Just as you have missed the point of way too many TV shows, you may find it easy to miss the point of this comment. I’m not writing this as an insult, but more-so a piece of constructive criticism to help you understand television and art a little more. After reading quite a few of your reviews, I had realised that you had missed the point of so many TV shows. The Simpson’s focus isn’t to be a direct representation of an American family, it’s a damn cartoon. And yes, Michael Scott is racist. He is a sad character. Again, that isn’t a valid criticism. That is the way the writer’s intended him to be, it is what set him apart from every other character on television. Yes, ‘Twin Peaks’ loves to leave unanswered questions, but that is the unique appeal of the show. Every single one of your reviews were almost painful to read as they lack any kind of depth or criticism worth reading. I had also noticed that you had not improved on this over the many years of writing this style of review. May this be a guide for you to strengthen your understanding of the craft.

  • JoeyJoJoJrShabadoo
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    Re: Fix yo stuff Link to this post

    I have never agreed more with anything on this website, and that's saying a lot considering I've never agreed with anything on this website.

  • Ben
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    54 Posts

    Re: Fix yo stuff Link to this post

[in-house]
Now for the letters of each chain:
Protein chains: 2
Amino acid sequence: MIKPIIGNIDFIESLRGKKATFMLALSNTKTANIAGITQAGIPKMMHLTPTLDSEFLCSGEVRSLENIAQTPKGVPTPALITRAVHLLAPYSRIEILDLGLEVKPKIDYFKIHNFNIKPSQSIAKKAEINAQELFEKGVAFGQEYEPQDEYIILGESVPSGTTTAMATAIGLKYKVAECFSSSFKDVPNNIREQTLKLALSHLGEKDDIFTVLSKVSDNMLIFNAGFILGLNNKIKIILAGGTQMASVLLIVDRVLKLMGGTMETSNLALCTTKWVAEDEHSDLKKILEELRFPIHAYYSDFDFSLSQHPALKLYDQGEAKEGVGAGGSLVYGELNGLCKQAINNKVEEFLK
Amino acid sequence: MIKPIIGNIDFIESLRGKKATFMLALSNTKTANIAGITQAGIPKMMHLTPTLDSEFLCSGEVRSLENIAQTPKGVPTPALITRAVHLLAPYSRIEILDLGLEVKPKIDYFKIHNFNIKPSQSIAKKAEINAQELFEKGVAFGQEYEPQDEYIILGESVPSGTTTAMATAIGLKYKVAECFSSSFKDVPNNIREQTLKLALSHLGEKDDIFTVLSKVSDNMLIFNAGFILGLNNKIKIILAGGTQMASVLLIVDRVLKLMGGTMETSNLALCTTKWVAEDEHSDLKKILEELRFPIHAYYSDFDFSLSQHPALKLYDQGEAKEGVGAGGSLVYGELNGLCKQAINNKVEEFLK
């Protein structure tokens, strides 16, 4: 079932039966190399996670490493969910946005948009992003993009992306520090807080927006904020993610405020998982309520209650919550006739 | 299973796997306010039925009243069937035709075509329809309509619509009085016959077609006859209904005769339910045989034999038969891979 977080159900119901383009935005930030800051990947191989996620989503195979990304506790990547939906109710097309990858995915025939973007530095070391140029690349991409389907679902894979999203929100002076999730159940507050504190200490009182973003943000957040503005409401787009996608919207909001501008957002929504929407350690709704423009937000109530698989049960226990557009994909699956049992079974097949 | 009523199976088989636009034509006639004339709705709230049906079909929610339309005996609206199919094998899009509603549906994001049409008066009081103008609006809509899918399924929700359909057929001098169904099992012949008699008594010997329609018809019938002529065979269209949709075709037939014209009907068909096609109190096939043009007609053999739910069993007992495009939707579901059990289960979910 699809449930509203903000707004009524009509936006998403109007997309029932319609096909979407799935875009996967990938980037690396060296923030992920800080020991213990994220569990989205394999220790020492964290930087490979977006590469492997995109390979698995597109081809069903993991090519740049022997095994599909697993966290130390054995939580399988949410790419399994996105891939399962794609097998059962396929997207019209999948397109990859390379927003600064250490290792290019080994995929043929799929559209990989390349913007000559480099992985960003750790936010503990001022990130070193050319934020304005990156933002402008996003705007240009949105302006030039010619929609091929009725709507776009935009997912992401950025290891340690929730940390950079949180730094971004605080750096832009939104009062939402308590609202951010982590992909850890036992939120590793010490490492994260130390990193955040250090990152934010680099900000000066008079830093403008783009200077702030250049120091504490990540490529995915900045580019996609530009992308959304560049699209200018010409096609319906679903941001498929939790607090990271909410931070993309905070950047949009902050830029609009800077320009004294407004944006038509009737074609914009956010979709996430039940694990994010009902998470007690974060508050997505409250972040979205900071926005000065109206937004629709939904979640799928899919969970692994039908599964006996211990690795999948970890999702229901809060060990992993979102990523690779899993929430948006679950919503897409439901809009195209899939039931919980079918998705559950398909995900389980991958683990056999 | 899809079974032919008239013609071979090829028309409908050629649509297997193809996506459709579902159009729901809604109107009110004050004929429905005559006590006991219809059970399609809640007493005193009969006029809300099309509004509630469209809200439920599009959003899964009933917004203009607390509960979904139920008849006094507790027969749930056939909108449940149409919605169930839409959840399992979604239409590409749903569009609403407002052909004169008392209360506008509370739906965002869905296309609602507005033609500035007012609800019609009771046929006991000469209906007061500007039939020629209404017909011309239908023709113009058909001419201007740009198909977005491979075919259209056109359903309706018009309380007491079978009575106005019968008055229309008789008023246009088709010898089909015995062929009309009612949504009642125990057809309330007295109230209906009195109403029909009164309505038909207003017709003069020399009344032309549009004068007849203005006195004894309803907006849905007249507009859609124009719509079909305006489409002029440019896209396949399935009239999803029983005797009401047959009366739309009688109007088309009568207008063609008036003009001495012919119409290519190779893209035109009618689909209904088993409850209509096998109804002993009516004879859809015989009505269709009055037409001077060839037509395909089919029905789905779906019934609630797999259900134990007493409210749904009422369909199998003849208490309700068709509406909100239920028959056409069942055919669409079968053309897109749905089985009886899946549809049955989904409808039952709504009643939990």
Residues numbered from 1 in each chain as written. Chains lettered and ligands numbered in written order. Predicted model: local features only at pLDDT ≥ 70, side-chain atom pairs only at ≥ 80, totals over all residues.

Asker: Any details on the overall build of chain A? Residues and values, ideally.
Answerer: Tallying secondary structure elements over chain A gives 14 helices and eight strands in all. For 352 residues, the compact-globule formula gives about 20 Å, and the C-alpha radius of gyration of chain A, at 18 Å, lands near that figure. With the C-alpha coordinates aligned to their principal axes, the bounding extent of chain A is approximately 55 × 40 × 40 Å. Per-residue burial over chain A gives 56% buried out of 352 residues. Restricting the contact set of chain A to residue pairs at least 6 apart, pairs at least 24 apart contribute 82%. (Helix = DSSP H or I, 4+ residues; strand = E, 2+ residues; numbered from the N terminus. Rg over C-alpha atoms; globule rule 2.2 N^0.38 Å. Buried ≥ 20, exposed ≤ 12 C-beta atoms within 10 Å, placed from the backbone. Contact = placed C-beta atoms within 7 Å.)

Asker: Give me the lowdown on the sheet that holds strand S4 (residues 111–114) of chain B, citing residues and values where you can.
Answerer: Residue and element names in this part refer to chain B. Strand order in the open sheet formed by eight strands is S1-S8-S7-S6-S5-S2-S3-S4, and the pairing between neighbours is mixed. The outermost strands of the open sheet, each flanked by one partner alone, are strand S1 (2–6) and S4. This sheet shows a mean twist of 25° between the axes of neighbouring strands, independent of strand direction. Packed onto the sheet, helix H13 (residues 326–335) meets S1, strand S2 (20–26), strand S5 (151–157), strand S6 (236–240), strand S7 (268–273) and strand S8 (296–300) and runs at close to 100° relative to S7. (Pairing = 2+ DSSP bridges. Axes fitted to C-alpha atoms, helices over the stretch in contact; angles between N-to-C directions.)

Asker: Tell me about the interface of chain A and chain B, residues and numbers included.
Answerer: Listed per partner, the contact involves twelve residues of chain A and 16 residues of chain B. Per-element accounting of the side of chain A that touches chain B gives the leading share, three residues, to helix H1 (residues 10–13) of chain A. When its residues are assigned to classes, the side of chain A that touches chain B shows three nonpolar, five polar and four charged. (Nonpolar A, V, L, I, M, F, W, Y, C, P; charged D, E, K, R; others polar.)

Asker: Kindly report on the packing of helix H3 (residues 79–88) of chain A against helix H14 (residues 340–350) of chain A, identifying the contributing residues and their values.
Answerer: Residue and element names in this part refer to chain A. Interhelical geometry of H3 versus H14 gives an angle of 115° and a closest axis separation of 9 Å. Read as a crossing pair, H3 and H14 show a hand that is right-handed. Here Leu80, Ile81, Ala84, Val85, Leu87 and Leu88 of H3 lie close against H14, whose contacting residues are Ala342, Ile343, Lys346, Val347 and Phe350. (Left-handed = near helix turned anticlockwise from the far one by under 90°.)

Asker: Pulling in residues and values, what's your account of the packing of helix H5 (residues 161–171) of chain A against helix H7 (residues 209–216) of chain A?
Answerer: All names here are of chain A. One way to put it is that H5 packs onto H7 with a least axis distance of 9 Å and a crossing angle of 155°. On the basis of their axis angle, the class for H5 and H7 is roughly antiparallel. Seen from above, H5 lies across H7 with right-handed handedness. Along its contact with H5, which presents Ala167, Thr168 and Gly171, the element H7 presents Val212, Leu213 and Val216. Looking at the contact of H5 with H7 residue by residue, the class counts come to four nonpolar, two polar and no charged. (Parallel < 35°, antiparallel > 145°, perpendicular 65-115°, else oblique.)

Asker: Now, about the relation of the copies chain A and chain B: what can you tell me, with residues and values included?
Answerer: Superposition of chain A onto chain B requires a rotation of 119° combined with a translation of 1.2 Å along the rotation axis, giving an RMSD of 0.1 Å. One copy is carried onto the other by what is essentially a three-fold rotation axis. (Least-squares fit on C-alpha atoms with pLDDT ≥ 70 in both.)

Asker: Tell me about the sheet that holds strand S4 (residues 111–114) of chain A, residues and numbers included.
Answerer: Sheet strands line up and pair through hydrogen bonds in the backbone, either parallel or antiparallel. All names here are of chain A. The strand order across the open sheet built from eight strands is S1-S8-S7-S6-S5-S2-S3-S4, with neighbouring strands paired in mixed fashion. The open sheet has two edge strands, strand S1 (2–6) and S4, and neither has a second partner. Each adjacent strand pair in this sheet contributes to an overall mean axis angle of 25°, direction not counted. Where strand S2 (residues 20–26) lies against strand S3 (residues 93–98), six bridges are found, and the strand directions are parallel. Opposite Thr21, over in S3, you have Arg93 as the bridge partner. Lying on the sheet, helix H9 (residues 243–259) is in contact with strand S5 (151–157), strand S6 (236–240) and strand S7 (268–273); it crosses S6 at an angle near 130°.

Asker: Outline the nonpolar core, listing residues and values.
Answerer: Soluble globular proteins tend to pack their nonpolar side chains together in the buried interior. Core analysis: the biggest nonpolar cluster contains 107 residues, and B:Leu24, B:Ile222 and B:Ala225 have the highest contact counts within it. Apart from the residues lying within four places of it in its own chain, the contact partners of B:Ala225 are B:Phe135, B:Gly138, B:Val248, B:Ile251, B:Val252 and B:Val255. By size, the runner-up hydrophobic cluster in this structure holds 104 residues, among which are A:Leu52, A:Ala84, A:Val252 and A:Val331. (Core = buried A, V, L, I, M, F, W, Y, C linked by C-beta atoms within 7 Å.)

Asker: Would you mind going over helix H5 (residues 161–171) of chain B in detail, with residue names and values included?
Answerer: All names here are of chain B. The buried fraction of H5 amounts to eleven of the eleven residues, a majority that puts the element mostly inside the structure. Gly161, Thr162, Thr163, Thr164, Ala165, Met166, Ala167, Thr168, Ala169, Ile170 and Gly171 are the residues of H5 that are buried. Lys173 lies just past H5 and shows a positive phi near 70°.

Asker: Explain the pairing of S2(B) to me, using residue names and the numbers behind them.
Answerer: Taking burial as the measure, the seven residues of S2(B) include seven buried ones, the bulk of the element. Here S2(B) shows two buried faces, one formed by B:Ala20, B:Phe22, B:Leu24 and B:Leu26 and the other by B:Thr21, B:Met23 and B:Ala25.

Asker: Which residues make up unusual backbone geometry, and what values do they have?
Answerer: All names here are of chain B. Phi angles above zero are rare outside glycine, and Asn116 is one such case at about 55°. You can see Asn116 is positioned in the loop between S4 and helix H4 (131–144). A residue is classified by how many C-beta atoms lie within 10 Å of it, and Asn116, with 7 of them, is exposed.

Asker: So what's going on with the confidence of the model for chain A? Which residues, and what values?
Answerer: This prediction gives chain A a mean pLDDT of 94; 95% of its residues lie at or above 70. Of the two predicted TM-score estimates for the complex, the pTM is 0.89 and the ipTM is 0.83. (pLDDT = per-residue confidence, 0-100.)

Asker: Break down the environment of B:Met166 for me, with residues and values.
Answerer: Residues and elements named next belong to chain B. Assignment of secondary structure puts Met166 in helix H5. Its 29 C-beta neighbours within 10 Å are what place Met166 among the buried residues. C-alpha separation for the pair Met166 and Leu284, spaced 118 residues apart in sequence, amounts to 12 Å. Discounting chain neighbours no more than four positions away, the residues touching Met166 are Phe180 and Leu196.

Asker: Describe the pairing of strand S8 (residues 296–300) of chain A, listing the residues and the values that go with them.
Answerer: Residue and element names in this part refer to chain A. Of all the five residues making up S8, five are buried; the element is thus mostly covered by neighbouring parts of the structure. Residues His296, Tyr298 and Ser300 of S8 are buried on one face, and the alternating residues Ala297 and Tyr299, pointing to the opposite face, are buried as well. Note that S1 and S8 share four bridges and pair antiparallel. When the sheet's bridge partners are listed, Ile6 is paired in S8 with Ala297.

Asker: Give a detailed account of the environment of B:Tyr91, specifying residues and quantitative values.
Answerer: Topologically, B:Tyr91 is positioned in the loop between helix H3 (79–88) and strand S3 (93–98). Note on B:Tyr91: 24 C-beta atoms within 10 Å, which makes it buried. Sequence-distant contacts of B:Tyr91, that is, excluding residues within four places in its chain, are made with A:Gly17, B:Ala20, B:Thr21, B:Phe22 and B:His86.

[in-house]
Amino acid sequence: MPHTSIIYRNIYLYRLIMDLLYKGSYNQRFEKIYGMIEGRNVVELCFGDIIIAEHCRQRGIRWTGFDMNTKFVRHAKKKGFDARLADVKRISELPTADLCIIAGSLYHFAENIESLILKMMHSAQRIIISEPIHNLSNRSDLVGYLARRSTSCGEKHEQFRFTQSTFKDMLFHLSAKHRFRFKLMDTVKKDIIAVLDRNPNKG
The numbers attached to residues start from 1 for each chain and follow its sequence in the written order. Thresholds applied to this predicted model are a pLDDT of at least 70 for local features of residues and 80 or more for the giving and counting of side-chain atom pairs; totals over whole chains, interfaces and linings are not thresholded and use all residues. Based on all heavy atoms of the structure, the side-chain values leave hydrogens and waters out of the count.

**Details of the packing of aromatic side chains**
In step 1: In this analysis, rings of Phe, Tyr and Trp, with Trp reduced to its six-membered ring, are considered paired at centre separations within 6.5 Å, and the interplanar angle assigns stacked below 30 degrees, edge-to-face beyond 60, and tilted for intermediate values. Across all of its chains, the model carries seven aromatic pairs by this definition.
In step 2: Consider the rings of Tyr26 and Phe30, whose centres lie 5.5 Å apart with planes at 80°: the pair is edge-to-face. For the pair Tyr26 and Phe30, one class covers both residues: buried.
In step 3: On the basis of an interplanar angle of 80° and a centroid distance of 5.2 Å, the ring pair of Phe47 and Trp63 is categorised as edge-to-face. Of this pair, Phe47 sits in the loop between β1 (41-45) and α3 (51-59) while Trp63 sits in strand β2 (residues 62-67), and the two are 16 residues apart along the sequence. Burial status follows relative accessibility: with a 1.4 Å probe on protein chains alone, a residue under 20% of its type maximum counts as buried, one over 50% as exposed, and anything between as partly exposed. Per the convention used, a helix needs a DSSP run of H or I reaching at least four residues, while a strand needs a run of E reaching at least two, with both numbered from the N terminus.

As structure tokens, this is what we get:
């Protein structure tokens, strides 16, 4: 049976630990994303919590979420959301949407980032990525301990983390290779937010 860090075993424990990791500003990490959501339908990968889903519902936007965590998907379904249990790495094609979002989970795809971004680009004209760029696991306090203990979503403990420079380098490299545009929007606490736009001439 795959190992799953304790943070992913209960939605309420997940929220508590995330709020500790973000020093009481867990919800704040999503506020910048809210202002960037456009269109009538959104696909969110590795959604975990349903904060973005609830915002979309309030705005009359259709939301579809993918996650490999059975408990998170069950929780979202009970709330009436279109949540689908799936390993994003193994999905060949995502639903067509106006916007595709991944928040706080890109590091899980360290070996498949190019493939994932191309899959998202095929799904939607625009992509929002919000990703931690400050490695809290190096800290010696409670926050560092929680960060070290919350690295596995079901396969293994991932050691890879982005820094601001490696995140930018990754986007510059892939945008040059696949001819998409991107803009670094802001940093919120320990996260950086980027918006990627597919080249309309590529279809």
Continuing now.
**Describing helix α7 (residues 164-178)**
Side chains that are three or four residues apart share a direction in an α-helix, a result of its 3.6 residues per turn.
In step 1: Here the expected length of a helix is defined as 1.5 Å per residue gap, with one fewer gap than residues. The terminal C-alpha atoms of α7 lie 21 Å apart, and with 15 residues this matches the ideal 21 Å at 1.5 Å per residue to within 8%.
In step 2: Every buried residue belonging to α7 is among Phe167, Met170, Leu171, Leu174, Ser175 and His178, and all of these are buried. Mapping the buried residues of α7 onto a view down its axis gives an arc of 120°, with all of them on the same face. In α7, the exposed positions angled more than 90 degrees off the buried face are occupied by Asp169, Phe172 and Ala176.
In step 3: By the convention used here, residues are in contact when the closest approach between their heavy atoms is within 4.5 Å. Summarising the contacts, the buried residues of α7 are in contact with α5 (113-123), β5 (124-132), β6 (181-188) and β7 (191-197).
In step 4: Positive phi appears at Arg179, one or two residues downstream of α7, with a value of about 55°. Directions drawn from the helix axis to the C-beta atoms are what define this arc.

Commenters on TheTvCritic.org tend to fall into two camps; those who buy into the system (including me), and those who don't. I think his writing style is unique, allows for in-depth analysis that, regardless of whether you agree or not, deserves respect.

    Some television reviewers use letter grades, some use a 5-star rating, some use a X/10 score, but this 100 scale allows for differentiating the "good", the "really good", and the "fantastic".

    Television is all about personal taste, as we all value certain components of what we watch differently. I do agree that plausibility is really important, its a major factor as to why I loved Breaking Bad and how it was a massive success.

    Particularly with comedy, jokes/gags/scenes need to have a foot in reality if the show is formed upon that basis. The Simpsons is a great example, it began as a show about a family dealing with issues like grades in school (Bart gets an F) and Homer getting a heart surgery, and now I read about plots about sentient robots and dogs taking over the town. A large percentage of the site is of sitcoms; which may be the most divisive genre of television, because you either find the jokes funny or not.

    It is certainly a normal human drive to want other people to like what you like, so if you love an episode of TV naturally you would want others to agree. When I first started reading TTC for instance, TTC hated "Dinner Party"; an episode of The Office, which is one of my favorites of the series. His criticisms explained why he didn't like it to my satisfaction; it didn't change my opinion of the episode but I could respect that someone had a different perspective and it enriched my television viewing experience.

    Debate can be fun with television, some of my favorite content on the site are from the episodes that sparked the biggest debates/controversy (Get The Girl, The Same Boat, Lost season 6, Flashforward).